Reblog from one of our trips to Stratford Upon Avon in 2015
But this one is perhaps slightly different to what you’d expect.
Swans seem to sense a piece of bread being thrown into the water from at least 100 yards and will gracefully paddle to the site so as not to miss out on free food.
These were within a foot of our bow (that’s our front fender and mooring rope on the left of the picture) and more were heading our way from every direction as I took this.
The story that goes with it isn’t just about the swans though.
Hubby and I were having a lazy afternoon when we heard a child screaming and crying.
His mother was telling him in no uncertain terms that she would not stand for his behaviour and he had better get a move on if he wanted his ice cream.
There were two other children, a boy of about 9 and a girl of perhaps 11. The crying child I’d guess to be 7 or thereabouts.
Two small inquisitive dogs came sniffing towards us, and the boy became hysterical.
The dogs’ owner said they were friendly as she called them away, but the boy continued to scream incoherently, backing towards the boat, where Maggie was dozing inside on the bench. He was holding tightly on to his mother’s hand, hiding behind her legs as he pummeled his feet and I caught her attention to warn her that we too had a dog and didn’t want to add to her son’s distress.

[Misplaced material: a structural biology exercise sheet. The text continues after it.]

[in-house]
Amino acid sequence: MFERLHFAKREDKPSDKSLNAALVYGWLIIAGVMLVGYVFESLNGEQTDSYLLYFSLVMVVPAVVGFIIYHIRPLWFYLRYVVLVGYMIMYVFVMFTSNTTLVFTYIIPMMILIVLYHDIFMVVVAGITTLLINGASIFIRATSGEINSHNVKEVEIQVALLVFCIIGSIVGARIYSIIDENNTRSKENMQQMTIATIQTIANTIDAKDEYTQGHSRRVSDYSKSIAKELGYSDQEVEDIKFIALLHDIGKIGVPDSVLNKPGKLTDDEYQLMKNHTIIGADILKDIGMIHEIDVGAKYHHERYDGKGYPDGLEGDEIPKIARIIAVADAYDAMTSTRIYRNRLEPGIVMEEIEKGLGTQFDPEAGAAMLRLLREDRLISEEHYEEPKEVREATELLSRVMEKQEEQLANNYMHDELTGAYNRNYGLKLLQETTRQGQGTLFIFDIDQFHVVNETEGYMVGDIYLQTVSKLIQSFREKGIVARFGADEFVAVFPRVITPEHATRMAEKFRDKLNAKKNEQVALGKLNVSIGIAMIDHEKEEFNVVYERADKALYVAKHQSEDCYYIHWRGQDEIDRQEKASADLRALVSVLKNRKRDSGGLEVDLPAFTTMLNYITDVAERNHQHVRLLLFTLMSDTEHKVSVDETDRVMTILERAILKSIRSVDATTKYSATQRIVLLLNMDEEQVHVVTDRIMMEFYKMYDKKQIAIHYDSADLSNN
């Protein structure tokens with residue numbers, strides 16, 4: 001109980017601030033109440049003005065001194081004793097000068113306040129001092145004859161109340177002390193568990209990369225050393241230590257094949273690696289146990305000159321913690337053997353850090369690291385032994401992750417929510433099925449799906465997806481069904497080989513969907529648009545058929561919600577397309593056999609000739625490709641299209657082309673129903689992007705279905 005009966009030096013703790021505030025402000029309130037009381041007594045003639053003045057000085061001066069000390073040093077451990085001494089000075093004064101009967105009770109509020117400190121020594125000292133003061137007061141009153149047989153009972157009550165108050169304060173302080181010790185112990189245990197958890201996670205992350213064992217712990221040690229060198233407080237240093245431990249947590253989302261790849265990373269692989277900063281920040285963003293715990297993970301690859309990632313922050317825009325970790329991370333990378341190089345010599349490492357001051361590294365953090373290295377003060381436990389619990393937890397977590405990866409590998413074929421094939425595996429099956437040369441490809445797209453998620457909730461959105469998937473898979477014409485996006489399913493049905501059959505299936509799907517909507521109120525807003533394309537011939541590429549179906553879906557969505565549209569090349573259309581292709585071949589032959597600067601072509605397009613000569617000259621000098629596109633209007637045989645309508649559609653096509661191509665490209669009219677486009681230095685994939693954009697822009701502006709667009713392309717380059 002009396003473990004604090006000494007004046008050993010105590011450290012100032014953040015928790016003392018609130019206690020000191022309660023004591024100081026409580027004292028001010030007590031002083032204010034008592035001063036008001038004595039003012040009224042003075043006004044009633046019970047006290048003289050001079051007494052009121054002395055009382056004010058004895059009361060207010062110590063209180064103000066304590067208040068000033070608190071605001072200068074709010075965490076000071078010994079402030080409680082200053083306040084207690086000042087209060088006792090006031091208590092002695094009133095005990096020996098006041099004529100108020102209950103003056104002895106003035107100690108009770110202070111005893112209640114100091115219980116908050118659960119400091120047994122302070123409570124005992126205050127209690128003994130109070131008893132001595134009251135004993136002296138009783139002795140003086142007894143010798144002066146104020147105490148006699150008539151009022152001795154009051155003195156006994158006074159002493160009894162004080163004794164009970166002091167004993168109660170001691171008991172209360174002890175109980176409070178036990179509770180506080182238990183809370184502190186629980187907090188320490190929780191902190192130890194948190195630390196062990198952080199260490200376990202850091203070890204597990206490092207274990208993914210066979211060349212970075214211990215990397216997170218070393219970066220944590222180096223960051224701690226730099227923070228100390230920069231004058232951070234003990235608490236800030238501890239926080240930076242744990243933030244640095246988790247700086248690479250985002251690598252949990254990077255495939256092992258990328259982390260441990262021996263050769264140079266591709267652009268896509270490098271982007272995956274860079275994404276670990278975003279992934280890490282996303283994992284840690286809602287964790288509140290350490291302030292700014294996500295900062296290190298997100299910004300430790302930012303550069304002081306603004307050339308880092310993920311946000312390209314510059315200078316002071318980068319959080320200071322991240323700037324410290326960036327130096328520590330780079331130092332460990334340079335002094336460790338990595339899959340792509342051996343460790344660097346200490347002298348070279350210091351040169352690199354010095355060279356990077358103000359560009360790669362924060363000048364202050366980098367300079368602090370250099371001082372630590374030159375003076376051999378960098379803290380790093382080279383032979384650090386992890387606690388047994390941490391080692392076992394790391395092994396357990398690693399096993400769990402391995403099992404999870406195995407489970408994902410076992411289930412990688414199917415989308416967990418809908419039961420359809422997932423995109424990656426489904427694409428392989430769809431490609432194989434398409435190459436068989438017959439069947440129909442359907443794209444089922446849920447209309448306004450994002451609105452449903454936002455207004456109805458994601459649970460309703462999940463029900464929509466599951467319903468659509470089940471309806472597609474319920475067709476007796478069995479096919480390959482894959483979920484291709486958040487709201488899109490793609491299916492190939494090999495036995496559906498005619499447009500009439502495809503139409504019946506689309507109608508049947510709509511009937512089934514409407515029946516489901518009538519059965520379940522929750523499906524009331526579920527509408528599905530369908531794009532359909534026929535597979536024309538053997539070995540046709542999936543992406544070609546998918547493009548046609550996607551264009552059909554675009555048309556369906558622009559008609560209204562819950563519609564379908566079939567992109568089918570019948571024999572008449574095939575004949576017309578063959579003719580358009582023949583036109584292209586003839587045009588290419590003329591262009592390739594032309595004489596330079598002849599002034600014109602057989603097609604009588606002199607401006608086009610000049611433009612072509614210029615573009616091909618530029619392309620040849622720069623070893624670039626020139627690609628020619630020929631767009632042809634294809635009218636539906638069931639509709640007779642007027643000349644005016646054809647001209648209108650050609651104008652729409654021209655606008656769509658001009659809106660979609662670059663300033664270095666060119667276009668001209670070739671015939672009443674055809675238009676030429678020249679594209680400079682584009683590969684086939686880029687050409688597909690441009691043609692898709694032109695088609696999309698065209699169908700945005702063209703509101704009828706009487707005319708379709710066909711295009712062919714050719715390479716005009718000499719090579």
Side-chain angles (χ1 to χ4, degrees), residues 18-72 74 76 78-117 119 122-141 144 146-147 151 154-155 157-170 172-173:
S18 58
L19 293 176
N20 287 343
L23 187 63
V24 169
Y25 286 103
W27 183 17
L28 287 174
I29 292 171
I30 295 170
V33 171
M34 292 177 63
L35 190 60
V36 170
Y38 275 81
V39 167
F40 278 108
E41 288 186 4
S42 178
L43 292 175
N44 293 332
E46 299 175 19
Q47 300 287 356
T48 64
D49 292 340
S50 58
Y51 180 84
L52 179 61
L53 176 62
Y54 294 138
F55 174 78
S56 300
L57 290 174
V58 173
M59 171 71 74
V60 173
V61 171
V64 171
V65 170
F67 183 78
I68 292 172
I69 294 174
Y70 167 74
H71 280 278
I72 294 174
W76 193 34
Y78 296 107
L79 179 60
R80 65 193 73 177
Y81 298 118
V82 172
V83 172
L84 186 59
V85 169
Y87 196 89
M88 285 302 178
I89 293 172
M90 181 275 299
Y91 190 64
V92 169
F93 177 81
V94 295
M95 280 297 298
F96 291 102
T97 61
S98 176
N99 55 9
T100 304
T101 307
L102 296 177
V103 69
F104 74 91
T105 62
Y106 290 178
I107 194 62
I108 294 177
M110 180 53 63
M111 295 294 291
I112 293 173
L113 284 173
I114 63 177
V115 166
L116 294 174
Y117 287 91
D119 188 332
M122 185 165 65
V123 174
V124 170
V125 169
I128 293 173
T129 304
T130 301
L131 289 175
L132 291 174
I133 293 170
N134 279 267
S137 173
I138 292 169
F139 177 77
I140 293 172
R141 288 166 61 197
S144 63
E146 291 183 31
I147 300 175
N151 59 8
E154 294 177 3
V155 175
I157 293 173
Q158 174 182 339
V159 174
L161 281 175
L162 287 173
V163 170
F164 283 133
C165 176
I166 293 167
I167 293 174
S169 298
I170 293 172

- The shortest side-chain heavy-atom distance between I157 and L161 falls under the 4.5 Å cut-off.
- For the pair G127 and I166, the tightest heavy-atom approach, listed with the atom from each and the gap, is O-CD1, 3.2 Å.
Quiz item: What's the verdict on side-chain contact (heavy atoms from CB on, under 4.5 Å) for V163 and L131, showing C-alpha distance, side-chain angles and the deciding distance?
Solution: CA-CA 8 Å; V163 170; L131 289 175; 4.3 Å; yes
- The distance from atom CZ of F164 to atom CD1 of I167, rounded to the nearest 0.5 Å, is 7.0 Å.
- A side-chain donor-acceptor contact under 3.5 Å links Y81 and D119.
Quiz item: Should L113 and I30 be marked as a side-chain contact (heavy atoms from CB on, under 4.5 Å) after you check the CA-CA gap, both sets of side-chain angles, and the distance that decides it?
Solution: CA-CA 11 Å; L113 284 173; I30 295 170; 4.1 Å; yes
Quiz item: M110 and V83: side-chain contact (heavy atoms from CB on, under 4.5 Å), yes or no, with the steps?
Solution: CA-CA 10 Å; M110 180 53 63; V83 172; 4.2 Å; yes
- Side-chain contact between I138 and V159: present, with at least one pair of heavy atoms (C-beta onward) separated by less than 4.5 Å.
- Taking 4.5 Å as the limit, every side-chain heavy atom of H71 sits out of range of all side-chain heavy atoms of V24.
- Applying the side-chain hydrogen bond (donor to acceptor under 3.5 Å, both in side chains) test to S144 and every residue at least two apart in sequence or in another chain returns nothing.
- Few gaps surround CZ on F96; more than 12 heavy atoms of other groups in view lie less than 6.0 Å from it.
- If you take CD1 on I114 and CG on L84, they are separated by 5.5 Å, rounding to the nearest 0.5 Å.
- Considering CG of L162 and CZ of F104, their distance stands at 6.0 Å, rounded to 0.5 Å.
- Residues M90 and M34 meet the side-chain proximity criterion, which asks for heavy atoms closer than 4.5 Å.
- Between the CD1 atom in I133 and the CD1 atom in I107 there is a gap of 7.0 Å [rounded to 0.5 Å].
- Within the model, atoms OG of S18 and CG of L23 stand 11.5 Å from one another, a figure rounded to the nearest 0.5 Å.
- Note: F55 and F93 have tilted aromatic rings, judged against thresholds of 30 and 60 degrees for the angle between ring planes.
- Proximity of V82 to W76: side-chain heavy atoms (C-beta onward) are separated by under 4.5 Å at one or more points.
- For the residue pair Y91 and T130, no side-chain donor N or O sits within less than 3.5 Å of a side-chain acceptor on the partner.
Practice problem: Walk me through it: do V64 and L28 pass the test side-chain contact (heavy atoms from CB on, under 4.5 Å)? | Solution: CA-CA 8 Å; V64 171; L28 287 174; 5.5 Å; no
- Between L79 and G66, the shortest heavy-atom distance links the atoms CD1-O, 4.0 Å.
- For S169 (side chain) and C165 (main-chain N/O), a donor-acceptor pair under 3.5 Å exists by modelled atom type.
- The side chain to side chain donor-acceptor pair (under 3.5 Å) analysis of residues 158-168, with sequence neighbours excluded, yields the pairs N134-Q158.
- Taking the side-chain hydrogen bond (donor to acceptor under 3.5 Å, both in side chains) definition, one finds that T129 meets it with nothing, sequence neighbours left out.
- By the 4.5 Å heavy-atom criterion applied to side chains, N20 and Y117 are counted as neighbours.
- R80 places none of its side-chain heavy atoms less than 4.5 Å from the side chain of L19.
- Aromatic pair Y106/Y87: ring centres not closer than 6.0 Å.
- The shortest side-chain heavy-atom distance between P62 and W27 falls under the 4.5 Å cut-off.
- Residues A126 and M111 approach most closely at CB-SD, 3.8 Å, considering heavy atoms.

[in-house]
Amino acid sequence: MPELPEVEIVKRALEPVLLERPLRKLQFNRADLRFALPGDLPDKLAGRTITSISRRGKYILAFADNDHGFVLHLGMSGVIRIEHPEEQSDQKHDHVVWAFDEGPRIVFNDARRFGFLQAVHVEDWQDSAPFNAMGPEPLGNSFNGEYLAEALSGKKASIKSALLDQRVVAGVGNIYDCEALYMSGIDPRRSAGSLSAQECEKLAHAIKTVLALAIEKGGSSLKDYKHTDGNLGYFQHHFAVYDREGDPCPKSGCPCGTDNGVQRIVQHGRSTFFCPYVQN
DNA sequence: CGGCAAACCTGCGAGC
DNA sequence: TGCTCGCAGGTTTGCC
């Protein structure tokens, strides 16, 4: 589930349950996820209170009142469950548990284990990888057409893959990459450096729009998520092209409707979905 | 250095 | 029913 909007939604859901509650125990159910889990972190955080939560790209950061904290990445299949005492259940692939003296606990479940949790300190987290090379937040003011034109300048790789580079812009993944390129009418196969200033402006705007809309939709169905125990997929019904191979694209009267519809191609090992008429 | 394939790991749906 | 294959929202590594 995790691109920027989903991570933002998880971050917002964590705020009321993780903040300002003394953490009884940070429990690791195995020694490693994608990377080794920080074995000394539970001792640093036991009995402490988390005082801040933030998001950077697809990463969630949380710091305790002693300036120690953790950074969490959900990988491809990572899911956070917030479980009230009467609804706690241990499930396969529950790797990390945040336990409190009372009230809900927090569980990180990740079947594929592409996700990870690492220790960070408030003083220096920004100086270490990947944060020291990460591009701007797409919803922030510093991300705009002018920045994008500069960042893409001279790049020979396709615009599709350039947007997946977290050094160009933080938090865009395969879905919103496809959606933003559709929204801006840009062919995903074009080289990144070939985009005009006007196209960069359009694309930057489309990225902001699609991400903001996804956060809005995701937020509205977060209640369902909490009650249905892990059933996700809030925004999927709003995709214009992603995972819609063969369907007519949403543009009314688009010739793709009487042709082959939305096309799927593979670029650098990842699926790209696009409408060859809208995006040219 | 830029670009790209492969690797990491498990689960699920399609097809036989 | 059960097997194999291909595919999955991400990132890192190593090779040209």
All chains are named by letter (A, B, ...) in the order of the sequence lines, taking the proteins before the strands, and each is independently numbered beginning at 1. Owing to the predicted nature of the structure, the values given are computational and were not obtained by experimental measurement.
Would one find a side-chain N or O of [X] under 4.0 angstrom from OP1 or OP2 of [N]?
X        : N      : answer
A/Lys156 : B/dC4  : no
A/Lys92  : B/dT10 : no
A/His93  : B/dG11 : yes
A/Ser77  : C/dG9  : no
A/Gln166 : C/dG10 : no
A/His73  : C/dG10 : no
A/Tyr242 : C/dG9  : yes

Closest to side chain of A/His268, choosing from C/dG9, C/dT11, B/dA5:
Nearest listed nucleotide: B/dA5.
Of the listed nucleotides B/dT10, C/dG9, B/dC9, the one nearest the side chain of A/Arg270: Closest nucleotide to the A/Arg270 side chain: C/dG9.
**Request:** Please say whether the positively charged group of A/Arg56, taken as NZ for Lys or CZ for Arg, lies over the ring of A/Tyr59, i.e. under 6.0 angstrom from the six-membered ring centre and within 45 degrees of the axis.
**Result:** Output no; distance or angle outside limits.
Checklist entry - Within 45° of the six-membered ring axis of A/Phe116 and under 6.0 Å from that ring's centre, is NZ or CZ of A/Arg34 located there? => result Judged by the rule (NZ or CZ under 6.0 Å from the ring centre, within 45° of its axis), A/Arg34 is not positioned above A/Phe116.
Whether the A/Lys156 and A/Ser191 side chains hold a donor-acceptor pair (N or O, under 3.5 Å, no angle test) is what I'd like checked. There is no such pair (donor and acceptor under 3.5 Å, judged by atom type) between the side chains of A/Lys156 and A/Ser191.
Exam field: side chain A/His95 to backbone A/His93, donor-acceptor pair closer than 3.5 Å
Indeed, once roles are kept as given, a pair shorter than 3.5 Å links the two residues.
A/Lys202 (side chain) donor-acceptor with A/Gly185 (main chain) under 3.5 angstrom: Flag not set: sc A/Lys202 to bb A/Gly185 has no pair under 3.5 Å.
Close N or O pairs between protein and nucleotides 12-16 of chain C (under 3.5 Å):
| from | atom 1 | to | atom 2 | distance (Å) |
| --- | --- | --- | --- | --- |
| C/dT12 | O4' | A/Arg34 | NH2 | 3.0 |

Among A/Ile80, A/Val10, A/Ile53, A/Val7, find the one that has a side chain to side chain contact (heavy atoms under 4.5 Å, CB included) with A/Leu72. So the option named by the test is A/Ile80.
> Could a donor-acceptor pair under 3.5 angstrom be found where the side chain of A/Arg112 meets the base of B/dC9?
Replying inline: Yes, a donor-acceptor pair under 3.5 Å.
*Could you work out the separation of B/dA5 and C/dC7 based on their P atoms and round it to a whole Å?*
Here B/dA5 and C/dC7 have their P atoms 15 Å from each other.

Her daughter asked for some bread to feed the swans (none by us at the time) to hopefully help pacify her brother by distracting him. Mum dug into her bag and pulled out some stale bread rolls which couldn’t be broken, so Hubby offered to cut them up with a knife.
He felt like using a hammer, they were that hard!
The boy was still crying, but at least his screams were diminishing as Mum explained to us and the small dogs’ distraught owner that he was autistic and terrified of all dogs, regardless of size.
The owner took them away, obviously both upset and embarrassed by the situation, though it was not her fault or that of her pets that the boy had reacted so strongly.
The boy then sat on a park bench and watched as the swans came flocking in for the bread. His brother and sister kept up some cheerful chatter, Mum supplied Hubby with
bricks rolls which he duly cut up to the best of his ability and I passed the resulting pieces to the two children for them to continue feeding the birds.
Eventually, the tears subsided and from the safe distance of the bench, the lad threw a piece of bread which his sister then kicked into the water.
They were all laughing as the swans fought to get to it, one fluffing out his wings to muscle the others out of the way, so the girl called him The Boss.
A couple of mallards ventured into the frenzy, and the older boy took delight in making sure they got some bread lumps too. The lad on the bench was quiet now, still watching the swans, but also looking around him. His brother and sister continued to give him pieces of bread to throw and to include him in their conversation, even though he didn’t verbally respond.
Almost an hour later, Mum thanked us as she took her son’s hand and the family moved on towards the ice cream van.
Maggie, bless her, had raised her sleepy head once but kept completely quiet and otherwise still, so I honestly don’t believe the boy knew she was even there.